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Writing isn’t easy.

Sure, we can trick ourselves into thinking that the tweet we’ve just posted is a haiku-like thing of brief but eloquent beauty.

Or that the Facebook war we’ve just engaged in on the fallout of Donald Trump’s electoral victory has marked us out as eloquent political analysts who are just a few networking sessions away from scoring a permanent slot as columnists for the New York Times.

But the fact remains that good writing is something that needs to be worked for, and worked on – no matter how bright your English teachers thought you were in school, or how clever you think your observations about the world may be.

Having slogged through as a journalist for some 10 years and counting – during which I even managed to squeeze out a novel and take some copywriting gigs on the side – it’s safe to say that I’ve learnt some things along the way (one of them being – never give in to accidental rhyme).

And it would be unfair for me not to share it with you guys. So here goes.

1. For God’s sake, read

Fact: If you’re an aspiring writer, you’re no longer allowed to complain about not having enough time to read.

I don’t care how busy you are or how tired you get after work – reading is essential to keep your mind limber and your options open.

We can bang home the metaphors – reading is to writing what running track is to marathon runners, etc. – but let’s not beat around the bush. It should be a given that the more varied material you internalize, the easier will it be to adapt it to your work.

Which is especially handy when you’re dealing with tight deadlines: be they for copywriting, content writing, journalism, that epic poem Faber & Faber have just commissioned you to write… whatever.

Take a page from the late, great Ray Bradbury’s book (see what I did there?!): he suggested that a writer should read one short story, essay and poem each night before bed. That way, what emerges from their pen the next morning will be a beautiful synthesis of all three.

Make this, or a variant of it, a regular habit, and you’ll be well on your way to honing your style to serious, professional levels.

2. And for God’s sake, write. It is called writing after all.

Consider the swan.

A beautiful creature gliding its way across the lake, all beautiful and shit. But peek under the water and you’ll see that what’s in fact propelling the swan forward is a motor-like motion of flippers – flapping away in a way that’s hard to match the elegance of what’s on the surface.

And writing is exactly the same. At best, it’s a glittering end result of hard labour. Of seemingly endless drafts and piles of notes that you patiently beat into shape before settling in on anything remotely satisfactory.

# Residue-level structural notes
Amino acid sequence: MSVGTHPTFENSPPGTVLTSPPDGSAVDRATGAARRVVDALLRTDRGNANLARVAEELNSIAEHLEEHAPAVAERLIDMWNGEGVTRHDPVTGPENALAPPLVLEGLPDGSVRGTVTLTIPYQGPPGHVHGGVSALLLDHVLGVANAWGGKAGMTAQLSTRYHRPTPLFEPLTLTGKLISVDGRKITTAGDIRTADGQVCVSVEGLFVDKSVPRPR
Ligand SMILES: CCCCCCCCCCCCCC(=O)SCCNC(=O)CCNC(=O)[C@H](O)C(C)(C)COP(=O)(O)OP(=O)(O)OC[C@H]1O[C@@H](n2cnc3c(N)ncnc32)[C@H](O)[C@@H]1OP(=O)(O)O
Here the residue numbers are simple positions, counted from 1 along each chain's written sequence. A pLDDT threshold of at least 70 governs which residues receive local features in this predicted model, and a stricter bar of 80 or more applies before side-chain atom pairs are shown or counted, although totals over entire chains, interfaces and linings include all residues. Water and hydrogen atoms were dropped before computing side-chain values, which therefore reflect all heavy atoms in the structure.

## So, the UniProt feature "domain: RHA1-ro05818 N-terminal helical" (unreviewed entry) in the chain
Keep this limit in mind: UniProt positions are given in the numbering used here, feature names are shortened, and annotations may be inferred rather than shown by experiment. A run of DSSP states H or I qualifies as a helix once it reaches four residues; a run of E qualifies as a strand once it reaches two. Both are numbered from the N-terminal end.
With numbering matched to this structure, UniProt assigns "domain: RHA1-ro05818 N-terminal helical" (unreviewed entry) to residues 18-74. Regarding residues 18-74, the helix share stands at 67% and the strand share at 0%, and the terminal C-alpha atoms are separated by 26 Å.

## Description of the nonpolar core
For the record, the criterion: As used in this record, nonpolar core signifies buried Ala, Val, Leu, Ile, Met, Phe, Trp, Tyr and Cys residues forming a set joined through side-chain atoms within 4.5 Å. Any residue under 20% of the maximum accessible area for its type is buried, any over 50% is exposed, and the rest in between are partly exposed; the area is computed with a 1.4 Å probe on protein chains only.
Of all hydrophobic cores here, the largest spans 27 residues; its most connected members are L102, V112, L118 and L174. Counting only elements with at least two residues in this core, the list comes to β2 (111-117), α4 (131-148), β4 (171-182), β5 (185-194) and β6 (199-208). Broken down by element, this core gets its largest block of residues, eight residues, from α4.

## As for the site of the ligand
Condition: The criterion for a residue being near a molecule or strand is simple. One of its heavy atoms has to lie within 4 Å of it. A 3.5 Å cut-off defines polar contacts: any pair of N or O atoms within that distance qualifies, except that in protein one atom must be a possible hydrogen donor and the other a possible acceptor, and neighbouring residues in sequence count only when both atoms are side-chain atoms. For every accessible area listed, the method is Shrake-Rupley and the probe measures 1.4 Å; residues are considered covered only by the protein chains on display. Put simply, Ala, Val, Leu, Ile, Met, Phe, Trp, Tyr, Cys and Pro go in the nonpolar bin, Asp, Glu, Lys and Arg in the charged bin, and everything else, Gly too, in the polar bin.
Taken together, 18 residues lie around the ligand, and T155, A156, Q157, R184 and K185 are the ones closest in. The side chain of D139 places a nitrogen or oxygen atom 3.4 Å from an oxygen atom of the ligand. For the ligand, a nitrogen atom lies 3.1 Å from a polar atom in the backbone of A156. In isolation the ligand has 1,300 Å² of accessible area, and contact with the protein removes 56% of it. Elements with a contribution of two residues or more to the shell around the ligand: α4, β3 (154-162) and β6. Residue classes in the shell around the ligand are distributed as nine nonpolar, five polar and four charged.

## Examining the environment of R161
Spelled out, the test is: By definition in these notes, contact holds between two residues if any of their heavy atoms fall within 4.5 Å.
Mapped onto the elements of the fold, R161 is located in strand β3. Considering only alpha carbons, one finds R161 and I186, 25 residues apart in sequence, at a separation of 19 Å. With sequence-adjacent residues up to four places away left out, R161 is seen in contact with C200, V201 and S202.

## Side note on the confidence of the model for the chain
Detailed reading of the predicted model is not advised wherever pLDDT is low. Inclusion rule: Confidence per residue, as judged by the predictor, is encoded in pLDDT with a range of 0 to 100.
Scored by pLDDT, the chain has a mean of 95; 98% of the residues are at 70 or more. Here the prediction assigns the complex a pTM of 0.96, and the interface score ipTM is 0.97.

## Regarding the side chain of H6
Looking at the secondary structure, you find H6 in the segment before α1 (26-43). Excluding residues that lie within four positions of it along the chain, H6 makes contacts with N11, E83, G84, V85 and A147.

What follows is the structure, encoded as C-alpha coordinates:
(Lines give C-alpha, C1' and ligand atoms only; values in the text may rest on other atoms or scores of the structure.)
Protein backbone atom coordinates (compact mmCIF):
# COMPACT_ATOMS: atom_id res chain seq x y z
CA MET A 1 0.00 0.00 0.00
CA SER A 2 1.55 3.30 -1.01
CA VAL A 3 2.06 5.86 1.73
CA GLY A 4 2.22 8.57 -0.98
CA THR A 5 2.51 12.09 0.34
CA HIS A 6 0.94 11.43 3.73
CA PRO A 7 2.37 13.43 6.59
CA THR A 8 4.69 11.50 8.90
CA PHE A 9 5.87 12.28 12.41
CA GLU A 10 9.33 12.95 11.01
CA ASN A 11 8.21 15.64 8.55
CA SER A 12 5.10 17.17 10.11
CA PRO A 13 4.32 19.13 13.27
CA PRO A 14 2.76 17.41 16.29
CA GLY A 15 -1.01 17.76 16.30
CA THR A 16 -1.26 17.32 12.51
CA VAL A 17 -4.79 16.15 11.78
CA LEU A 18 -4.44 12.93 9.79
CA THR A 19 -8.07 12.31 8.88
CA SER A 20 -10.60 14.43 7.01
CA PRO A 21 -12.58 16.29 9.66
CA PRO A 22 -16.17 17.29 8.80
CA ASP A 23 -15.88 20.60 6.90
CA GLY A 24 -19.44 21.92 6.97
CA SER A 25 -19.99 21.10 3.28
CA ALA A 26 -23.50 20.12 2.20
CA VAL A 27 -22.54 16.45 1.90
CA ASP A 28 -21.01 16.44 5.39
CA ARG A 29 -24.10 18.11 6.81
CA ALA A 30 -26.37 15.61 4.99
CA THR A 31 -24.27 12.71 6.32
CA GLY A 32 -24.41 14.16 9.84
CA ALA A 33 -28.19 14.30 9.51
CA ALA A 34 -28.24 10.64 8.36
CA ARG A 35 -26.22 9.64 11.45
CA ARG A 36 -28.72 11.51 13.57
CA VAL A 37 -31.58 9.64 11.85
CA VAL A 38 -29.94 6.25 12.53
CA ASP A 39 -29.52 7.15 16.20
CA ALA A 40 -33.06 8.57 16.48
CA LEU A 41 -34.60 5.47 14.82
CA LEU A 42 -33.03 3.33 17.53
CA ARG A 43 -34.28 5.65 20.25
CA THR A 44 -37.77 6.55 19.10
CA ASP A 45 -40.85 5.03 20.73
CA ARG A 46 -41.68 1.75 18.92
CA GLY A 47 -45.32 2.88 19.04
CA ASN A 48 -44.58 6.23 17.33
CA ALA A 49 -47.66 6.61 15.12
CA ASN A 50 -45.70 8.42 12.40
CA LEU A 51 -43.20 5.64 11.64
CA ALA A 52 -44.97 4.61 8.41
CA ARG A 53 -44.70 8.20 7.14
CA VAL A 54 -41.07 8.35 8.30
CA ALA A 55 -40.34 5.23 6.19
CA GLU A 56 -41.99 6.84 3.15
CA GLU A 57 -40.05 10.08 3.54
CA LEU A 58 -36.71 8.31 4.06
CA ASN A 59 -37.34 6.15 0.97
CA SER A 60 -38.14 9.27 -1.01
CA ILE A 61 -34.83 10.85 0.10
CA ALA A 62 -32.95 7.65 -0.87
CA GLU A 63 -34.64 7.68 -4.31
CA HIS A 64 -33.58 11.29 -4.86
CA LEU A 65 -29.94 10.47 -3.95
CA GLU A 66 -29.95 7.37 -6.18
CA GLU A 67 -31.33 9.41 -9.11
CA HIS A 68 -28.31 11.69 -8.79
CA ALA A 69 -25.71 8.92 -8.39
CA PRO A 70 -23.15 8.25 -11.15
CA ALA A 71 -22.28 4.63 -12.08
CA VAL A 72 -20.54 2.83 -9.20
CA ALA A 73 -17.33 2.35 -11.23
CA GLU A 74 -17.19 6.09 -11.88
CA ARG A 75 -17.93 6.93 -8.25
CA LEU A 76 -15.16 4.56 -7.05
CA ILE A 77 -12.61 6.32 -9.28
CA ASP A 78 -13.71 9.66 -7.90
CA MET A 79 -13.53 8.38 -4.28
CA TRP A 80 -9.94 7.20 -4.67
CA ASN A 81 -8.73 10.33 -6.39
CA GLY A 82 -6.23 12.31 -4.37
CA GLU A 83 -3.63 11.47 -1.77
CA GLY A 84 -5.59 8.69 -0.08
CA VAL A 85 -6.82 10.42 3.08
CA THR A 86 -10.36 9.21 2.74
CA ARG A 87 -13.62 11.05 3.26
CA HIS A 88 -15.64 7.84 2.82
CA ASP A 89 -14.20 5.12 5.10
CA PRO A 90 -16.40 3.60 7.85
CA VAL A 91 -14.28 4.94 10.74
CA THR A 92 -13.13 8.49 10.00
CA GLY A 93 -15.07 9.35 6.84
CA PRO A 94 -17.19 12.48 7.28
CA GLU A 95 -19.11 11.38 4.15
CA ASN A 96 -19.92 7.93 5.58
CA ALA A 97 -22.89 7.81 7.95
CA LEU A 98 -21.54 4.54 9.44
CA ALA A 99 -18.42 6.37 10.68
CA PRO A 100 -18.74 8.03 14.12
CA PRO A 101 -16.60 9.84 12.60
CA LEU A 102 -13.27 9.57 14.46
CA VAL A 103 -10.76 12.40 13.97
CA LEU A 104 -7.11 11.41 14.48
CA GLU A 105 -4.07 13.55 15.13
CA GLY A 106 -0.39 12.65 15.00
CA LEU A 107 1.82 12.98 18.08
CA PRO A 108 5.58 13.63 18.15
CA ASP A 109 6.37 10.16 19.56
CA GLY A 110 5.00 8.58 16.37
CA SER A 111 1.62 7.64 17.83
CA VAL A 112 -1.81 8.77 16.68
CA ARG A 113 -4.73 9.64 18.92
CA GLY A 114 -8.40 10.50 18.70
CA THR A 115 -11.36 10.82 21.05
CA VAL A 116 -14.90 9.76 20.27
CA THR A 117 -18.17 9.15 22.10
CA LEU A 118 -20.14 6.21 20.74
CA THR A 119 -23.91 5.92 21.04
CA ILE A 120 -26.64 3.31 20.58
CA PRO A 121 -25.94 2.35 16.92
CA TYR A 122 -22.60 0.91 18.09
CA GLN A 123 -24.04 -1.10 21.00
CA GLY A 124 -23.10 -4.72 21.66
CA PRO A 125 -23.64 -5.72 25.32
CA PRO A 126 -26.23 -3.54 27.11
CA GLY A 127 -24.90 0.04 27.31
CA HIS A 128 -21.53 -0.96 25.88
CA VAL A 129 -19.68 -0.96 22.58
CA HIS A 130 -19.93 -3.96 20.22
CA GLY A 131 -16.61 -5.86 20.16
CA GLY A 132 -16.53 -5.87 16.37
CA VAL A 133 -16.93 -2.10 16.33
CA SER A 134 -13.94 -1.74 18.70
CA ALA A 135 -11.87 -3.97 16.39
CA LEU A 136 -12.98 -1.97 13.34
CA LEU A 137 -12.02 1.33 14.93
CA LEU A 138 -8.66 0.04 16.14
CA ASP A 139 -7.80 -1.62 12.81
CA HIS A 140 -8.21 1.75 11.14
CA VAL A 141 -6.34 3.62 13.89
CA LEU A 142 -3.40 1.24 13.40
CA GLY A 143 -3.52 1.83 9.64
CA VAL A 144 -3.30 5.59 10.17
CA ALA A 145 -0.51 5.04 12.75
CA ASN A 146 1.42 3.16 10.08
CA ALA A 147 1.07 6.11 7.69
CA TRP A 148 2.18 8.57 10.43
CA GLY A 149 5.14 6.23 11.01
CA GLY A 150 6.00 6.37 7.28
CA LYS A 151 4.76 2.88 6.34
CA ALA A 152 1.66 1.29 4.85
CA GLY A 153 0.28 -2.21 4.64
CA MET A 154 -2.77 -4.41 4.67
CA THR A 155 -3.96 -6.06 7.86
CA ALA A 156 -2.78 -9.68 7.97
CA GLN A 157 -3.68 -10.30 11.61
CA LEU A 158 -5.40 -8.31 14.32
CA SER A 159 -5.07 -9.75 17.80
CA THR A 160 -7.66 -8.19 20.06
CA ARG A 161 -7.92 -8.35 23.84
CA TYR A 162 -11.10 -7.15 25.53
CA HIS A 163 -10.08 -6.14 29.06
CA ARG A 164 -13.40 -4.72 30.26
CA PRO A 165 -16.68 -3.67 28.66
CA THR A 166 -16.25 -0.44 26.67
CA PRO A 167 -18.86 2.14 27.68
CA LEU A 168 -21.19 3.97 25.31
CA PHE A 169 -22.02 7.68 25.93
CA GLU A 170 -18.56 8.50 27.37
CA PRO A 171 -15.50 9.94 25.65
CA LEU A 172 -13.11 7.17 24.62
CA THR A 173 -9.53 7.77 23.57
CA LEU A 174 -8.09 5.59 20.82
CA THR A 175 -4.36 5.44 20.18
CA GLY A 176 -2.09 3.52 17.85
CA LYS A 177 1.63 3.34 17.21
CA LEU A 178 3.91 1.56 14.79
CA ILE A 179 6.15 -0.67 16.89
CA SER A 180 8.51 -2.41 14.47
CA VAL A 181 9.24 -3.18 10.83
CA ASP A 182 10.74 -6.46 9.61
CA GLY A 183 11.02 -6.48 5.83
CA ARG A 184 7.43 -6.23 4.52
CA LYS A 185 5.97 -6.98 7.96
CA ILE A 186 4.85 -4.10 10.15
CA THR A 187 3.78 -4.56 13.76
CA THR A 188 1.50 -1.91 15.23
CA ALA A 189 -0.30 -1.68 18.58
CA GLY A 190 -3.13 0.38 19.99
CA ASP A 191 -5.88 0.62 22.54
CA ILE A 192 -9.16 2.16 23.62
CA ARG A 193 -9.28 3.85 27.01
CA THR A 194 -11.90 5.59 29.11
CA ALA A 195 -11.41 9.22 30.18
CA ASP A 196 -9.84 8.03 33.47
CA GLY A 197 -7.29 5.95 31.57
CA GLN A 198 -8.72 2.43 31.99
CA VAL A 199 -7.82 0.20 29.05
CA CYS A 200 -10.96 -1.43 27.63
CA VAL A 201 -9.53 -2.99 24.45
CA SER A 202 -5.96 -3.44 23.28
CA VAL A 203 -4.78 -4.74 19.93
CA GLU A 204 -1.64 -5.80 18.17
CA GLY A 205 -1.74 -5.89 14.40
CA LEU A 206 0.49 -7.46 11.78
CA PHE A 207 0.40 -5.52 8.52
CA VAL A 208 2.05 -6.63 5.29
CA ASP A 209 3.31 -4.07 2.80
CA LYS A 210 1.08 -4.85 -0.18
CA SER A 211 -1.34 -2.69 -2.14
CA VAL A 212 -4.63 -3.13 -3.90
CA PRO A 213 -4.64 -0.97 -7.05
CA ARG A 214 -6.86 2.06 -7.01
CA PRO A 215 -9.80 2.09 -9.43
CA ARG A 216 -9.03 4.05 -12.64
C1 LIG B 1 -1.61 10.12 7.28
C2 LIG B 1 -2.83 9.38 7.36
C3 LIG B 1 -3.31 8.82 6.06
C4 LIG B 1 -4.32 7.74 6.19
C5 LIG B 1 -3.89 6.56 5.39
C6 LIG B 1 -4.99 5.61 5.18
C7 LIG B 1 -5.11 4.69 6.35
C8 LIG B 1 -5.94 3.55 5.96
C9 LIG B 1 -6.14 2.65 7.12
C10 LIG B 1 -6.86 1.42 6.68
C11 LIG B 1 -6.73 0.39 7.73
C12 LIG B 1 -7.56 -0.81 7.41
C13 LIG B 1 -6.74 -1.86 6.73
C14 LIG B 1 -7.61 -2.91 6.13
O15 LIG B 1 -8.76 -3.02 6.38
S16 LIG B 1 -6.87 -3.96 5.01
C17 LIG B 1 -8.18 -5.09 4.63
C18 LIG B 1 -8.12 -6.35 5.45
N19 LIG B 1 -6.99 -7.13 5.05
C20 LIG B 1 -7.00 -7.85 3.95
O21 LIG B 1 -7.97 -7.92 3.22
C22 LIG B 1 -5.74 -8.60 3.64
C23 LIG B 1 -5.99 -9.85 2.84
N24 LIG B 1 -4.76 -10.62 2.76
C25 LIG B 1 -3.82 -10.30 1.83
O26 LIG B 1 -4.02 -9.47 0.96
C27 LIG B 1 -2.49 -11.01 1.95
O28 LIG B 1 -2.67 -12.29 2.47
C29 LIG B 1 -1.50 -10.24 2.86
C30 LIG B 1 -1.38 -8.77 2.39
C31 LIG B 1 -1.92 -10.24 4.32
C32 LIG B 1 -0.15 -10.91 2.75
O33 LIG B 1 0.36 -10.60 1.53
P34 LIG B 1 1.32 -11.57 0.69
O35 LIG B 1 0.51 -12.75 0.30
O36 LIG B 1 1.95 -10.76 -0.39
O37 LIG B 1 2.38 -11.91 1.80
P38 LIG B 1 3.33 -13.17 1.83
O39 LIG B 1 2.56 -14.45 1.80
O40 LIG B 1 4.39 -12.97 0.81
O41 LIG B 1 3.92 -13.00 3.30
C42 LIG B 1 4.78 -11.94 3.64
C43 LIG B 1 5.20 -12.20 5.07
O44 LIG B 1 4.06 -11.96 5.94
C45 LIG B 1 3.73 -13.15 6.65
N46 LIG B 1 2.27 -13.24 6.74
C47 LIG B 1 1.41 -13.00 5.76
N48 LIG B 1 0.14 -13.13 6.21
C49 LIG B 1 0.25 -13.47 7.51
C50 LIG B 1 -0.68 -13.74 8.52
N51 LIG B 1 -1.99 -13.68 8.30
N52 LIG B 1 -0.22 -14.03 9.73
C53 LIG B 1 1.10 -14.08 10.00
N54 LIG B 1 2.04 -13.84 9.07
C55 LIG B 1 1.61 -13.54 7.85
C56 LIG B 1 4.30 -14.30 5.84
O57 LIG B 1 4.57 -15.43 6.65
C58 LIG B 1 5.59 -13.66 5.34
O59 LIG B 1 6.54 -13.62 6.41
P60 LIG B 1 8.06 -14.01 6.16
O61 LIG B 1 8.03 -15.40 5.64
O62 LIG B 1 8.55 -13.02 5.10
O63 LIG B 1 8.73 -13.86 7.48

Photo by R Crap Mariner (Flickr)

Photo by R Crap Mariner (Flickr)

So please, for God’s sake, write. Get those rough drafts out of your system and hone your way with words. If you don’t have a subject to write about yet, jot down your thoughts and see where it takes you.

Because most of the time, writing is about making confusing and incomplete thoughts coherent and pretty.

It’s about smoothening the edges of our perceptions and giving them a shape that’s clearly understandable by all.

Achieving this requires practice. So get to it, and…

3. For God’s sake, don’t complain about not having time

We’ve touched upon this already, but it deserves its own sub-heading because it’s probably the most common impediment to prospective writing careers and it needs to be killed with fire.

Here’s the thing: carving out a consistent writing schedule is what separates the pros from the amateurs.

Photo by William Ismael (Flickr)

Tinkering away at your writing every now and then isn’t going to strengthen its development in the long-term. The real benefits will start to show only after you’ve made it a habit.

Of course, I’m not saying it’s easy. In fact, some radical adjustments may need to be made.

4. For God’s sake, dump that annoying partner

The cult filmmaker John Waters, apart from sporting the creepiest mustache this side of paedoville, once said that we should encourage reading by refusing to have sex with anyone who, upon inviting us to their place for some post-date nookie, ends up revealing that they have no books around the house.

This may sound like an extreme solution, but I agree with it, frankly. And what I’m about to propose when it comes to your own writing is even more radical still.

Namely, don’t fuck anyone who belittles your aspirations of writing as a ‘waste of time’ that offers no monetary return in the short term. (And for God’s sake – again – don’t move in with them).

Writing is already a hard and lonely path. So dump anyone who isn’t encouraging you along the way. Yes, this may sound harsh. But the commitment required is real.

Good luck.

Teodor Reljic

Author Teodor Reljic

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